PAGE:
• Expand your output to encompass stories that show life as it can be for children at every level of advantage
  • Think of books as valuable mirrors that show children their lives are worth being shared, as well as enticing doors to other worlds that are different to theirs


Neurodiversity is another area publishers need to reflect more widely. Last year Pearson ran a competition called My Twist on a Tale in which we invited children to write and submit their own short stories. The theme was diversity and I read a handful of entries. More than half of the ones that I read featured an autistic protagonist trying to navigate the uncertainties of everyday life. Through the competition, children were telling us that the way their mind works wasn’t reflected in the characters they read. How scary it must be as a child trying to understand how your mind works when that might be different from the rest of your family or friends, but how comforting it would be to read a book that you can relate to and feel less alone.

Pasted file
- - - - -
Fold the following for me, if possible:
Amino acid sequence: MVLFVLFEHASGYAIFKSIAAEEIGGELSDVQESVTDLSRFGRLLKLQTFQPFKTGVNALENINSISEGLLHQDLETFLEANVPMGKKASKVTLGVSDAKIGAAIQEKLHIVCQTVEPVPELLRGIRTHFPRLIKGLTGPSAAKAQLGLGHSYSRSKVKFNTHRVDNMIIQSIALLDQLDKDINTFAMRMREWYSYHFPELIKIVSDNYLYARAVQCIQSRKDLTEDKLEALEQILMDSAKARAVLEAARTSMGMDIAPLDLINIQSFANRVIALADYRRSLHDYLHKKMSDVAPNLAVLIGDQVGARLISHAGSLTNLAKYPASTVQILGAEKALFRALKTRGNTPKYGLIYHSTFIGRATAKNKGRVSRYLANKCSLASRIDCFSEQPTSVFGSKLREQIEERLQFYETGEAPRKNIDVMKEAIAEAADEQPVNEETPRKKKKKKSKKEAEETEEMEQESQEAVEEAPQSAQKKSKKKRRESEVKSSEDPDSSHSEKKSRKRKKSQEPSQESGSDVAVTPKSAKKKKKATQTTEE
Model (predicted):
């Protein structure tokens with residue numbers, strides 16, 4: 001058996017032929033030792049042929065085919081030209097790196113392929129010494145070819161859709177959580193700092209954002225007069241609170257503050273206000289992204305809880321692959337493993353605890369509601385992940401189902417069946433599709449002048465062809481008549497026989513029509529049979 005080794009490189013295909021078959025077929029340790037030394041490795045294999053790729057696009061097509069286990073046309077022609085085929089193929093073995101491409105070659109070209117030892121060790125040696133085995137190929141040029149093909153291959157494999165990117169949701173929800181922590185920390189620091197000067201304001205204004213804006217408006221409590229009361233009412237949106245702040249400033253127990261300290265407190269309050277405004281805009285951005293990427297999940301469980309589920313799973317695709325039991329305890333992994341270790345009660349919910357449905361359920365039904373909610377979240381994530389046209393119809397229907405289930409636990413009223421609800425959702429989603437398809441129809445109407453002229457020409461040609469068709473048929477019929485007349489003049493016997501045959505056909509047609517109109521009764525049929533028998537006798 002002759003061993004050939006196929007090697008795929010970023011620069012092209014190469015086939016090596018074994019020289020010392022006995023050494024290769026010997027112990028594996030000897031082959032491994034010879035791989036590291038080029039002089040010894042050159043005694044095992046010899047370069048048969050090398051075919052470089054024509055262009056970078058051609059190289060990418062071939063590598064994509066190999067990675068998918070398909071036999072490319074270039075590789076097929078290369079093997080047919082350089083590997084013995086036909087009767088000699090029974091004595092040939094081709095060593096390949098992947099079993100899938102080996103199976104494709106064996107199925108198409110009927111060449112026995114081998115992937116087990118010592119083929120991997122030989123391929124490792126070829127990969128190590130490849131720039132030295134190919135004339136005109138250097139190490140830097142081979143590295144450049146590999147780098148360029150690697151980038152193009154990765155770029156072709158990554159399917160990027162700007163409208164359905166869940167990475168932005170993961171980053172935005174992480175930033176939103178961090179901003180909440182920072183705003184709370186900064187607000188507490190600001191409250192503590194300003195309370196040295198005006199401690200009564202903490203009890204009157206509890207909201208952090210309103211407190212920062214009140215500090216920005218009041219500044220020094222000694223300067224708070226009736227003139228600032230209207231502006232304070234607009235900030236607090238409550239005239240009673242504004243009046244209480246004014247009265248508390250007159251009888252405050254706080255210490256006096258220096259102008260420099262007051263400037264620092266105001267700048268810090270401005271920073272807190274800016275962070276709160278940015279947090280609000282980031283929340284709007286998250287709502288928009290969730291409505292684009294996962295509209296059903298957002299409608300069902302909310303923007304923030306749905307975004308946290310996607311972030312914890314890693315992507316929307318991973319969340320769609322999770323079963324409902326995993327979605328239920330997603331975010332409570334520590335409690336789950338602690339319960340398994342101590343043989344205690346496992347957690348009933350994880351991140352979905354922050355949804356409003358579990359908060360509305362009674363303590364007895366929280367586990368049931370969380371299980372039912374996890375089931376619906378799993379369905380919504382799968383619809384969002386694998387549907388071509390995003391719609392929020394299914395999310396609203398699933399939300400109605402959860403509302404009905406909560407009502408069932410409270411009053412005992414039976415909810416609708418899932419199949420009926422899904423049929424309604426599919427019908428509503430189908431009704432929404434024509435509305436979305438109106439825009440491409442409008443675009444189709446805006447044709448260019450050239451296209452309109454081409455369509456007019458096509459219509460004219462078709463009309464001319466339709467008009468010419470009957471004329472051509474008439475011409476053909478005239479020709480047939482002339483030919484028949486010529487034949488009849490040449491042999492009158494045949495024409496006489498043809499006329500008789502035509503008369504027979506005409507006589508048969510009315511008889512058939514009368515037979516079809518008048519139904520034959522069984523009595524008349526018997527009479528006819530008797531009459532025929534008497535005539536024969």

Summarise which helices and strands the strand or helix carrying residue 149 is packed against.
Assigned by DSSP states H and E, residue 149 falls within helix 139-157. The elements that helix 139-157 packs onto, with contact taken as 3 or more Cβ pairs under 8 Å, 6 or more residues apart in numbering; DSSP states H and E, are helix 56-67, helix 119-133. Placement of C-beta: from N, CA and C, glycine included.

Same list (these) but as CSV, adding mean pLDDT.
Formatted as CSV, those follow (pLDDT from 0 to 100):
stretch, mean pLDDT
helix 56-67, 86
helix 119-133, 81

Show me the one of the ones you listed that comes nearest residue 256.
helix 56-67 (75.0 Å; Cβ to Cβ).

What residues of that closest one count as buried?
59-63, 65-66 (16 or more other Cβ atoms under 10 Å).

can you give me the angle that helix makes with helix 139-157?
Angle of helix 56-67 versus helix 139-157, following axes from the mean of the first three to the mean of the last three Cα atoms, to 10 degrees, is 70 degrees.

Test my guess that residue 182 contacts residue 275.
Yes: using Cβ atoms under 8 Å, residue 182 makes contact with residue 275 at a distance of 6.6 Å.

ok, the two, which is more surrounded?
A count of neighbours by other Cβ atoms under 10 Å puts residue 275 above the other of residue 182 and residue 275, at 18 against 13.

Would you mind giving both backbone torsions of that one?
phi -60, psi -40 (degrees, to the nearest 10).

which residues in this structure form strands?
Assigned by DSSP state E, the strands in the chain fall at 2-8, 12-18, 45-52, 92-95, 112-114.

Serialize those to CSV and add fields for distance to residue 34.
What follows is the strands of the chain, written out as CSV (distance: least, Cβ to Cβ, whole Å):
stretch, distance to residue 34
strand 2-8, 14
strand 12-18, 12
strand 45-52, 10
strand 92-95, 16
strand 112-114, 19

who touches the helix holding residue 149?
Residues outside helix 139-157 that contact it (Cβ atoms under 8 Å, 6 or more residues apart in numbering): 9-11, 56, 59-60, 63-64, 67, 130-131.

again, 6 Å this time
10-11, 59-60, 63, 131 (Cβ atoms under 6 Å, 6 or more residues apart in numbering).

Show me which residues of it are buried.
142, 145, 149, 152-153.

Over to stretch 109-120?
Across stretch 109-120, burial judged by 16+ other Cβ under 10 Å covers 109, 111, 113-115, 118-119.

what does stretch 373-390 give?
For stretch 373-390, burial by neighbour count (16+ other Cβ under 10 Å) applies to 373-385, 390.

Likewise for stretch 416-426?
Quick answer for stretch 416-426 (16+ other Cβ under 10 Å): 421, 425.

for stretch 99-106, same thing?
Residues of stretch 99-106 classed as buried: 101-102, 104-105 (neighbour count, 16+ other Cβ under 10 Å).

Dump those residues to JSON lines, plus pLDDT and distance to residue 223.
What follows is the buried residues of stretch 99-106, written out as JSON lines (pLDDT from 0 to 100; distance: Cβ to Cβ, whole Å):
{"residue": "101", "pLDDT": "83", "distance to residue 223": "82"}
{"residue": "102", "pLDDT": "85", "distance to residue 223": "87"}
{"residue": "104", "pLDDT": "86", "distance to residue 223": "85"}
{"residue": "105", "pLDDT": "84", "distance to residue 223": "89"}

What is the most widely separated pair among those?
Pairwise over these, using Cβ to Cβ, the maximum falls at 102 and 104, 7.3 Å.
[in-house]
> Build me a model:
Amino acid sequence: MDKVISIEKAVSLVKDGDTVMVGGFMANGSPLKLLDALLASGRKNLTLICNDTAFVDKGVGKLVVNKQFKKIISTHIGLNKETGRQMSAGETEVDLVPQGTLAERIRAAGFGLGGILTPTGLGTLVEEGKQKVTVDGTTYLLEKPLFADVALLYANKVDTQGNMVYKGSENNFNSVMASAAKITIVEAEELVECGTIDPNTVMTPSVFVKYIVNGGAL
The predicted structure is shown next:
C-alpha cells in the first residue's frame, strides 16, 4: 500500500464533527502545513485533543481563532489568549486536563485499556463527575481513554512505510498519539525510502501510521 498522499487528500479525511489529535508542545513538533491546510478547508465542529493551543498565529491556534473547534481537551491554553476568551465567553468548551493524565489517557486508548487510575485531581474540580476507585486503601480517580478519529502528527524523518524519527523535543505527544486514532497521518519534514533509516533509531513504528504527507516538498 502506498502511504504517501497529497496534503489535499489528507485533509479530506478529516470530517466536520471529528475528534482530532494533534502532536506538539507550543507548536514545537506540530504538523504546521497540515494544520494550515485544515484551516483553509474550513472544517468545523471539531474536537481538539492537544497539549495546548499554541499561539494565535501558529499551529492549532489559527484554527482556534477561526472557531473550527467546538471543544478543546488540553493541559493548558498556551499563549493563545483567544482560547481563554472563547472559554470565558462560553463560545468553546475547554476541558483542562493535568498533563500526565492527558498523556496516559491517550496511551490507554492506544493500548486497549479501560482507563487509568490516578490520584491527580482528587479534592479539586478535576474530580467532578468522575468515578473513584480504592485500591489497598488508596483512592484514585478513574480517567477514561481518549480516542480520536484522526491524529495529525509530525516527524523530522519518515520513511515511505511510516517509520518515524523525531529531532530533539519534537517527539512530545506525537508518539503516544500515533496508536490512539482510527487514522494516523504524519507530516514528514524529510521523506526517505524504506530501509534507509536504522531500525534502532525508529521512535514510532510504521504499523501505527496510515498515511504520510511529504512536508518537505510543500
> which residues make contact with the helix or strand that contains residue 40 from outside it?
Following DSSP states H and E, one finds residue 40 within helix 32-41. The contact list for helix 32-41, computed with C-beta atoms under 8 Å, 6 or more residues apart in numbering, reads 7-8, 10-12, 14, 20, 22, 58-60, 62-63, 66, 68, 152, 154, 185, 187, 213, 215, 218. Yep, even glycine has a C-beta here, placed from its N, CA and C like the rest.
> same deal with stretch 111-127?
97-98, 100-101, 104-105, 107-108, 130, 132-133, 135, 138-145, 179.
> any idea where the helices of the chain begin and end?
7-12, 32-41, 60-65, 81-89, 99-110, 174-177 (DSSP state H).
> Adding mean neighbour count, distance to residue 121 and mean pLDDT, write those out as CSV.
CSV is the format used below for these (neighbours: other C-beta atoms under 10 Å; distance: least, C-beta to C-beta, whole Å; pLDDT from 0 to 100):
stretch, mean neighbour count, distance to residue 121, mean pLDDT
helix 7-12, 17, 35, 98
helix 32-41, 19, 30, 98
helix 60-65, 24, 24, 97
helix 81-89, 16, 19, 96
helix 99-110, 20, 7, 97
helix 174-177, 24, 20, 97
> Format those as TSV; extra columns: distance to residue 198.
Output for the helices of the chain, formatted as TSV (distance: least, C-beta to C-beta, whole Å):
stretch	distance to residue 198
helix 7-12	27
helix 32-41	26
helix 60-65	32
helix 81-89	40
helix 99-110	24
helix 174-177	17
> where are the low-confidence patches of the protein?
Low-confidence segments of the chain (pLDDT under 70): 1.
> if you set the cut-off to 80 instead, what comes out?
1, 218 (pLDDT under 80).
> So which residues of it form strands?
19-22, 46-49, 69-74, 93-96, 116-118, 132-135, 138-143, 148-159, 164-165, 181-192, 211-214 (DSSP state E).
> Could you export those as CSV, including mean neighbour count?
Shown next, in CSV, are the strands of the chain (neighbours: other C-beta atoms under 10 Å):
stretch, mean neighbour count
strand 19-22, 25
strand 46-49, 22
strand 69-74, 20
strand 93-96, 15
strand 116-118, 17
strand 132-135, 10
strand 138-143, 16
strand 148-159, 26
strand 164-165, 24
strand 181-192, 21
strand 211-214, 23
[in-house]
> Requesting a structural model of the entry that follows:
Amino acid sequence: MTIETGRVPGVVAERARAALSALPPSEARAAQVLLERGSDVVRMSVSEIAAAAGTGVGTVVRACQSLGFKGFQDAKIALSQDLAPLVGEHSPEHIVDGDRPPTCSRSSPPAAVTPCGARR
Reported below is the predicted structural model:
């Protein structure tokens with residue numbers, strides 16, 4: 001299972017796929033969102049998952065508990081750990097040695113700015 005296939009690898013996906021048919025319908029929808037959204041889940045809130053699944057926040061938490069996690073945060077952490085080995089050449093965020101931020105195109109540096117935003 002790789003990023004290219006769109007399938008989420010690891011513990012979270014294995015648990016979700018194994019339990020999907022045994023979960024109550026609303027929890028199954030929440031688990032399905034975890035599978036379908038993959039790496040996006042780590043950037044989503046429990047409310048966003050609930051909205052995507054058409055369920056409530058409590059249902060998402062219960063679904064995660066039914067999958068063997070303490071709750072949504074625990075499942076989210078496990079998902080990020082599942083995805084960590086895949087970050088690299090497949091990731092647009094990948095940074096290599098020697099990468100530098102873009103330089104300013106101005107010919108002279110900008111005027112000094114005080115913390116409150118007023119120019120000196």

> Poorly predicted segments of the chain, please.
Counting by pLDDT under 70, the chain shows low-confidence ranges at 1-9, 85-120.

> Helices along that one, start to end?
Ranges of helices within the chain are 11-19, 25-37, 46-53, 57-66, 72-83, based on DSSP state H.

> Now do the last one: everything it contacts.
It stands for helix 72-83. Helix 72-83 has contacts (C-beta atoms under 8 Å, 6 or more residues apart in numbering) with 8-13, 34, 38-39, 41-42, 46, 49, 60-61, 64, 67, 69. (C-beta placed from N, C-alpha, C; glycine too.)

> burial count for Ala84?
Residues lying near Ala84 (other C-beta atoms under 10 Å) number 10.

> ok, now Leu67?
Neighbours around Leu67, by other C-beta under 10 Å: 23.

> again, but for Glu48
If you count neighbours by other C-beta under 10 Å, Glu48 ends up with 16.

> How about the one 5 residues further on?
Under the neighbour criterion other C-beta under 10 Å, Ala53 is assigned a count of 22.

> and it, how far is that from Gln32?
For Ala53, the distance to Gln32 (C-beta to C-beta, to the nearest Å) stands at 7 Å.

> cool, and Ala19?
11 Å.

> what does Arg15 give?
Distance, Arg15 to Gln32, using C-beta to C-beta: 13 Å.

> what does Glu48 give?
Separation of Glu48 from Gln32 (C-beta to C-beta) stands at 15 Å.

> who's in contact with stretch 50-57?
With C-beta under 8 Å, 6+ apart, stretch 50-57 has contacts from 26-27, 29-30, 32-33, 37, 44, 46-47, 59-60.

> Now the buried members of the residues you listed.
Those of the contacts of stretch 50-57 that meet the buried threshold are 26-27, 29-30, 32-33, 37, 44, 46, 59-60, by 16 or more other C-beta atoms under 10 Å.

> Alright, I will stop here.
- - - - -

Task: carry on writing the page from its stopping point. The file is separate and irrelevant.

Practical recommendations for publishers:

  • Make yourself available to hear what children are really saying, and directly asking for 
  • Ask yourself whether the stories you publish present more than one way of thinking, or if you are assuming a uniform kind of ‘normality’
  • Remember that diversity not only relates to how people look on the outside, but how they experience and process their environment internally

Diverse authors

For me, probably the most impactful development has been using diverse authors to write about topics they truly understand. In the past, when we, as in Pearson, have asked authors with no experience of another culture to write about it, it has felt inauthentic. In recent years, we have started to change the way we work and would call on other publishers to do the same. We must have diverse authors writing about their own experiences, childhoods, passions, feelings and opinions. That is when we will capture all children’s imaginations and make sure that everyone feels seen.

Practical recommendations for publishers:

  • Look at who is being invited to write and share stories through your organisation. Is there a pattern, or commonalities in backgrounds?
  • Ask: Who is currently missing from the table?
  • Cast the net widely: agents may be able to source diverse authors for you or look for articles or social media posts by people with the experiences you are looking to portray.